From the Backcountry to Basecamp: How Fieldwork Strengthens Relationships By Carolyn Highland

We were on the third hour of our drive from Yosemite back to TEA Basecamp when we hit construction traffic in Incline Village. We were tired, smelly, and told that we could be waiting for up to 30 minutes to continue North on 89. Rather than despair, I put the Suburban into park, cranked up the tunes, and we had an epic lakeside sunset dance party until we were told we could proceed.

Time seemed to slow as the sky turned orange and we felt the base pumping the car and whooped at each other’s best dance moves. Even when we were finally allowed to continue toward Truckee, we kept the music loud and the boogie strong, rolling up to campus with the windows rolled down and the energy high.

I looked around me at the beaming, dirt-streaked faces of my fourth graders, and felt like we were all getting to see each other in the fullness of our beings–beyond the roles of teacher and student, beyond the confines of the classroom.

It was my first overnight trip at TEA, and we had spent three days and two nights in Yosemite National Park, hiking around and taking an art class and getting to see what Ansel Adams and John Muir saw when they immortalized the valley through their art. We had written in our nature journals in the dried up creekbed below Yosemite Falls and figured out how to set up tents and worked together in cook crews to prepare meals. We had done this after knowing each other for less than a month.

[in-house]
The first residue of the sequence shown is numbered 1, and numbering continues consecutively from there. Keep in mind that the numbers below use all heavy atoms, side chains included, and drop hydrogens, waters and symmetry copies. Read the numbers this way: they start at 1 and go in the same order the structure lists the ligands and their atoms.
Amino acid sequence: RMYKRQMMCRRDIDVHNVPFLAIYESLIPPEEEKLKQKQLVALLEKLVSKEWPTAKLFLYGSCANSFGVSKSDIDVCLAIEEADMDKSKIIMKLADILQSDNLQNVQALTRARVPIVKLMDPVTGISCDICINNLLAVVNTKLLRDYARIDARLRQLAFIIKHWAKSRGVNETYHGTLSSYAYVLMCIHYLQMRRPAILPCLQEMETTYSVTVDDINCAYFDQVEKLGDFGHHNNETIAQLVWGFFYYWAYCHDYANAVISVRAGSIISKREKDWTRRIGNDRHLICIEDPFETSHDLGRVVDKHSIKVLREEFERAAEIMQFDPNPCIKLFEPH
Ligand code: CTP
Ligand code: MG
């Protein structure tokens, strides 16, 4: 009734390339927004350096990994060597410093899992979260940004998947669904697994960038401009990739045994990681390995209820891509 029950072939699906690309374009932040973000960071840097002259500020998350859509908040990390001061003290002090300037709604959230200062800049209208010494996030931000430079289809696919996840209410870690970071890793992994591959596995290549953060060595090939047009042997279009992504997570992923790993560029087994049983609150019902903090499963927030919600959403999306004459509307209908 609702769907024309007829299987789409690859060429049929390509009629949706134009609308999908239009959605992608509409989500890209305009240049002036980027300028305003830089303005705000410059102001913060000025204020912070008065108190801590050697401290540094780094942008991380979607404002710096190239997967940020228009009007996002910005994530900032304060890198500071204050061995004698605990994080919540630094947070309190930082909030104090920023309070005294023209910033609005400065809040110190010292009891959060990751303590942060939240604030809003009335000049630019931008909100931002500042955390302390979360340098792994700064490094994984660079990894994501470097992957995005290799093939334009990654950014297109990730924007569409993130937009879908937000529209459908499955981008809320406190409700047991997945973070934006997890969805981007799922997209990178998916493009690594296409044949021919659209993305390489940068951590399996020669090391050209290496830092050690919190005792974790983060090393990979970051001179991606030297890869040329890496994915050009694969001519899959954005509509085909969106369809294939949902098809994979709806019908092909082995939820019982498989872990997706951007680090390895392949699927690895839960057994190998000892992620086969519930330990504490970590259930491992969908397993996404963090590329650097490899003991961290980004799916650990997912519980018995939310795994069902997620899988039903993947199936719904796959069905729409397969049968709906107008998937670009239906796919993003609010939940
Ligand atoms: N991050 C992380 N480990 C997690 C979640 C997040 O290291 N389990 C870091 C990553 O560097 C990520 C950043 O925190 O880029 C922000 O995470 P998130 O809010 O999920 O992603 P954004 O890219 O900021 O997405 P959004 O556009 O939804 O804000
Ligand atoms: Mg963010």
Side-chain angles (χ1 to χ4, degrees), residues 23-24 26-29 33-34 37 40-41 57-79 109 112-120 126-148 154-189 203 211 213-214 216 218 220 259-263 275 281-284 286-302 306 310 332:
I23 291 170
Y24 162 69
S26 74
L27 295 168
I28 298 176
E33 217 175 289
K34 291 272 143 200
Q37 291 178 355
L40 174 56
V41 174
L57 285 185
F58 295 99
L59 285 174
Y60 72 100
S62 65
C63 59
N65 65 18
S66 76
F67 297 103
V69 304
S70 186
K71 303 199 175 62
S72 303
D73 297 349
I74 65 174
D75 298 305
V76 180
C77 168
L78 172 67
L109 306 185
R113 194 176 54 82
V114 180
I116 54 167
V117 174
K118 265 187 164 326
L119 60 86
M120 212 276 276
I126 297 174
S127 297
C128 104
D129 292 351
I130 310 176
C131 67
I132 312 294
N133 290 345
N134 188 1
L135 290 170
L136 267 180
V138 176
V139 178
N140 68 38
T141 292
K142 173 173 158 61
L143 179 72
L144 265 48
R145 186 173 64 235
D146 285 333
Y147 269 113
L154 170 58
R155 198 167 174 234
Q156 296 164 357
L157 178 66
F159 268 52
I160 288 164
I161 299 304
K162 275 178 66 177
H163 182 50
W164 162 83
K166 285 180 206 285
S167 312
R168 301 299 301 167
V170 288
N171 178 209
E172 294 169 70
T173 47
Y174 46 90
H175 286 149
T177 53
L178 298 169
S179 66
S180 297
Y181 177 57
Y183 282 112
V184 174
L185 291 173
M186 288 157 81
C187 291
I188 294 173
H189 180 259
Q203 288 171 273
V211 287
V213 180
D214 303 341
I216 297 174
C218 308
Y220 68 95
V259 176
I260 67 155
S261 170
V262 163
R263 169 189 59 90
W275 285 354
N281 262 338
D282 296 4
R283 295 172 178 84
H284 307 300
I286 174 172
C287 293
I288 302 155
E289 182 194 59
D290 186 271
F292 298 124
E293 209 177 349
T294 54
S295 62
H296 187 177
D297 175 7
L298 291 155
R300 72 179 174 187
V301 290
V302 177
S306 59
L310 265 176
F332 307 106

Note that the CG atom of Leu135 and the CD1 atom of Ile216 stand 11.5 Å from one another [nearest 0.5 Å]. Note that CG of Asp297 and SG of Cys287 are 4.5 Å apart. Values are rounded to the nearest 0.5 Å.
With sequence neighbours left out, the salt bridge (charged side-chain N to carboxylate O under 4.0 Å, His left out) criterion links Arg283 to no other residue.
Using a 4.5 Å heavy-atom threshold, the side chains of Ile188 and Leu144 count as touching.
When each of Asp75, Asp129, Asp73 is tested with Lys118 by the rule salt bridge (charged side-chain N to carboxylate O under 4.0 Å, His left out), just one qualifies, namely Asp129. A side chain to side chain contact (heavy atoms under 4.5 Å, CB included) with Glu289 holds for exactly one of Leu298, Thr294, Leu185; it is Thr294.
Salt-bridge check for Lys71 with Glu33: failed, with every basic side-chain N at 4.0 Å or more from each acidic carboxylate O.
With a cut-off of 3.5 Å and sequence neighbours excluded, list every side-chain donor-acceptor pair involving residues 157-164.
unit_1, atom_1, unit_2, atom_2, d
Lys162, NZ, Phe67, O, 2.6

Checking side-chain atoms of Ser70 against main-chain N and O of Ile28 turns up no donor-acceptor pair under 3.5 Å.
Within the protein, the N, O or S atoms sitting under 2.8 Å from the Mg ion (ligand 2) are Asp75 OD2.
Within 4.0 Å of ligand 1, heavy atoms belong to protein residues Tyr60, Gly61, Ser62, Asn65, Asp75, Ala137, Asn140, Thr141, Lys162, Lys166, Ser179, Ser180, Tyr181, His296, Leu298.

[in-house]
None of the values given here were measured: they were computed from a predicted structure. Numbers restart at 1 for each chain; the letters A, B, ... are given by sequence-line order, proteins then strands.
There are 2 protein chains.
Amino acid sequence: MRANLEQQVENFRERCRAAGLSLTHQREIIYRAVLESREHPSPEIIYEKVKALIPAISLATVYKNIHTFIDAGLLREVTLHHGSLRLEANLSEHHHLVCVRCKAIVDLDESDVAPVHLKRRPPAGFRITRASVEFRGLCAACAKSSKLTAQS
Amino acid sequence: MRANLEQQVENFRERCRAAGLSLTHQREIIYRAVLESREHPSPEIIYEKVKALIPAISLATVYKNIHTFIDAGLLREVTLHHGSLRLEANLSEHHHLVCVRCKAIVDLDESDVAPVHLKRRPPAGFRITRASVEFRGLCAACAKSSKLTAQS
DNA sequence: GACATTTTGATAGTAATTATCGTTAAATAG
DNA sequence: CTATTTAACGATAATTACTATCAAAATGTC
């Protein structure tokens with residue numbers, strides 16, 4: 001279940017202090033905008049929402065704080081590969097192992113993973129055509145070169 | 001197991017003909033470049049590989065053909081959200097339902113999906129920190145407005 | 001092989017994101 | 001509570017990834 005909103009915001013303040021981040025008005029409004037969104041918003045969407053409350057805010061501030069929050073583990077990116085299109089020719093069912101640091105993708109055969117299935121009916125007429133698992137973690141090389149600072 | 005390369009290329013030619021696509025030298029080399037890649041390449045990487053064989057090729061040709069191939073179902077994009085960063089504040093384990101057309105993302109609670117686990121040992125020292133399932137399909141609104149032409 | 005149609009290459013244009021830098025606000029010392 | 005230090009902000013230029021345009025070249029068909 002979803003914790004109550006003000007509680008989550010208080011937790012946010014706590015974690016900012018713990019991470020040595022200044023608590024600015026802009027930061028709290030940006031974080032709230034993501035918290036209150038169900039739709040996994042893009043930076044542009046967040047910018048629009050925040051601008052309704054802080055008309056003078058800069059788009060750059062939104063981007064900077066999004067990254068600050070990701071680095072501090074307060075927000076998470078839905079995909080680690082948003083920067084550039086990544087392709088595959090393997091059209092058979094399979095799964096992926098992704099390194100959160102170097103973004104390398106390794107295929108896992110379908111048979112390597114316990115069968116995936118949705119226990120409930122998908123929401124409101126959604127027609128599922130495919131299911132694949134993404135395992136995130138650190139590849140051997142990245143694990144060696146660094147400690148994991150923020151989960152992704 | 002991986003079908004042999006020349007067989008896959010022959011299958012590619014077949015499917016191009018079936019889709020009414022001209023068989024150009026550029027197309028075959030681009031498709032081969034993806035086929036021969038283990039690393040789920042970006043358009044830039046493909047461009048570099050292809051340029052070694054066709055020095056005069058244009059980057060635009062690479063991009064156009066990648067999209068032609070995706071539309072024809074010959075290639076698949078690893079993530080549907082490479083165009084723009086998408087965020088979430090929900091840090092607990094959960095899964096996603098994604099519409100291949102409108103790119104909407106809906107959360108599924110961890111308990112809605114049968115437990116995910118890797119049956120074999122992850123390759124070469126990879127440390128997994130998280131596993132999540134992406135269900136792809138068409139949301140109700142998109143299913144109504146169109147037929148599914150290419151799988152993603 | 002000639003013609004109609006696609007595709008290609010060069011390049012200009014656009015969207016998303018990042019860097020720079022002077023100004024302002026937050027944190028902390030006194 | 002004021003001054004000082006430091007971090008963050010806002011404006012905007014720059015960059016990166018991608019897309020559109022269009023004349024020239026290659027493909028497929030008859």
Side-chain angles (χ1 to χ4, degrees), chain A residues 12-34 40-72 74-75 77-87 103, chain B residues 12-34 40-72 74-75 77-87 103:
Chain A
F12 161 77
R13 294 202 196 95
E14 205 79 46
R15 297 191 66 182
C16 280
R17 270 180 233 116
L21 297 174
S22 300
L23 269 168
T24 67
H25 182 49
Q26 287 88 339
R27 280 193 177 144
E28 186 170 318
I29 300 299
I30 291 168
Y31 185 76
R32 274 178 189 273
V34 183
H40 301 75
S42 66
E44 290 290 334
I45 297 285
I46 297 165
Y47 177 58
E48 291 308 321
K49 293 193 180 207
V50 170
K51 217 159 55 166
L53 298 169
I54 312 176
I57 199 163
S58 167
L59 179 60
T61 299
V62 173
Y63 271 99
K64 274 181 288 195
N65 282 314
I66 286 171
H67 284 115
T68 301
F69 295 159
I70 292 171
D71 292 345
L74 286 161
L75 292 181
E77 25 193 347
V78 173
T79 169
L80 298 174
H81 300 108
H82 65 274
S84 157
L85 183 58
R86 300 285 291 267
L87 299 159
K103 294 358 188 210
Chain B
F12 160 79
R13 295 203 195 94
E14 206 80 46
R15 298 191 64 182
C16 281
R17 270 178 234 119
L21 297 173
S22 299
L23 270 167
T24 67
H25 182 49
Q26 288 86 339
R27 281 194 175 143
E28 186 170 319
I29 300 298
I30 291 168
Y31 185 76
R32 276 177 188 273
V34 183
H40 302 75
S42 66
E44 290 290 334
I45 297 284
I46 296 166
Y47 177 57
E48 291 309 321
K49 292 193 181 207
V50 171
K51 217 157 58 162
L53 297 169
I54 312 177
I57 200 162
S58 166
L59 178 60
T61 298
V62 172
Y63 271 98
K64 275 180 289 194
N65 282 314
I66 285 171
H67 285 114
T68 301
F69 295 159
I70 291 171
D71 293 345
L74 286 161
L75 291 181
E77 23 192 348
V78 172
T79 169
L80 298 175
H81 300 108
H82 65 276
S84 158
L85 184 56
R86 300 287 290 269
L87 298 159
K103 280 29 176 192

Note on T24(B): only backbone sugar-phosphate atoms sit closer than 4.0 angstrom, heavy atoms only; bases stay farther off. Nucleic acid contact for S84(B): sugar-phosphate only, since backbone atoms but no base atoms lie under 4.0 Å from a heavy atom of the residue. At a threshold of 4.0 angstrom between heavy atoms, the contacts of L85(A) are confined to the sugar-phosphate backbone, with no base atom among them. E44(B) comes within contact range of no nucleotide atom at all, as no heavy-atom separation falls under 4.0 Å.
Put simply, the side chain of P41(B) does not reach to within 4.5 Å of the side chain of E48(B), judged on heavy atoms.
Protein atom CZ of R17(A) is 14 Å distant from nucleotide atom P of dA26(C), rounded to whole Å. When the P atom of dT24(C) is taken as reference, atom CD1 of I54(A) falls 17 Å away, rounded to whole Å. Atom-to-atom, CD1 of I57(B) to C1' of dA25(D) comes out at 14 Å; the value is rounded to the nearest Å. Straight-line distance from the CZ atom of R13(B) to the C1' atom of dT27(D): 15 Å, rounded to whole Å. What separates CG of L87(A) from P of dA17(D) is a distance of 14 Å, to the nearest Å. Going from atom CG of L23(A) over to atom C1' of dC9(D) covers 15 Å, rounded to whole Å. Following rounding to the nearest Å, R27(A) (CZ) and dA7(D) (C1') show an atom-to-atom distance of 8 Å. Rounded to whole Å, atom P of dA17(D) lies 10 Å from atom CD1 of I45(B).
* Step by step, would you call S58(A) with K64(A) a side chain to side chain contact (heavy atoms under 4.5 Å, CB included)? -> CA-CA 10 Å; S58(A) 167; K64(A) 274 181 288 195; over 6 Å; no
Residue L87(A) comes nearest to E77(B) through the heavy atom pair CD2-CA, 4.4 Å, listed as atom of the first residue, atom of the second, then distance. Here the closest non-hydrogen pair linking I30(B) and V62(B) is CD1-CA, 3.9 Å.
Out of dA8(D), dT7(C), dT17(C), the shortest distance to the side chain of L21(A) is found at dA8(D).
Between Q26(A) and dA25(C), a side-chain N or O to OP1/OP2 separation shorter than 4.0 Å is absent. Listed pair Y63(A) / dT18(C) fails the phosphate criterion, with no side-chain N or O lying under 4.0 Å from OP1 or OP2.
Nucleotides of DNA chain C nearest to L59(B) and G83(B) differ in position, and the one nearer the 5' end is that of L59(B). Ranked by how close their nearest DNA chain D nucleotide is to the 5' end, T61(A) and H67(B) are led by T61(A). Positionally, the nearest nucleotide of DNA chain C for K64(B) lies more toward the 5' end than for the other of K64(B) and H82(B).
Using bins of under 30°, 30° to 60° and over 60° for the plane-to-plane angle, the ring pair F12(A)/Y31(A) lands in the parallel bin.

"I looked around me at the beaming, dirt-streaked faces of my fourth graders, and felt like we were all getting to see each other in the fullness of our beings"

I had led adventure and service trips for four summers and experienced the intense bond that forms among a group when you spend two straight weeks together in the wilderness or a foreign country, and I had spent four full academic years with groups of nine and ten years olds in the classroom. But combining the two was an entirely new experience, and a month into the school year, I had no idea just how powerful the connection between those spaces would be.

I spent four hours each way in the car talking to my students about life, did midnight chaperoned walks to the bathroom, supported them through lost-belongings-crises, stood below El Cap with them in awe. We brushed our teeth together, ate dinner together, and wrote nature poems together.

These things may seem small, they may seem disconnected from academic learning that occurs at tables and chairs, but they are not. They are the building blocks of relationships, and relationships are the pillars of a thriving classroom.

 

When I was in graduate school in Denver, we were shown a TEDTalk by an educator named Rita Pierson, in which she says, “kids don’t learn from people they don’t like.” This statement gets to the very core of my philosophy on getting the best out of students, behaviorally, academically, and socially: relationships are paramount.

"These things may seem small, they may seem disconnected from academic learning that occurs at tables and chairs, but they are not."

I have never faced a single issue with a student that could not be resolved by spending time with them, listening to them, caring about them, and getting to know them. A student who feels seen, heard, and cared about is a student who is more likely to be productive, respectful, and resilient in the face of challenge. Over the years, I have watched students who struggled enormously in academics or with behavior transform into the incredible, shiny human beings they have always been, simply because they were given space to do so. Simply because someone believed they could.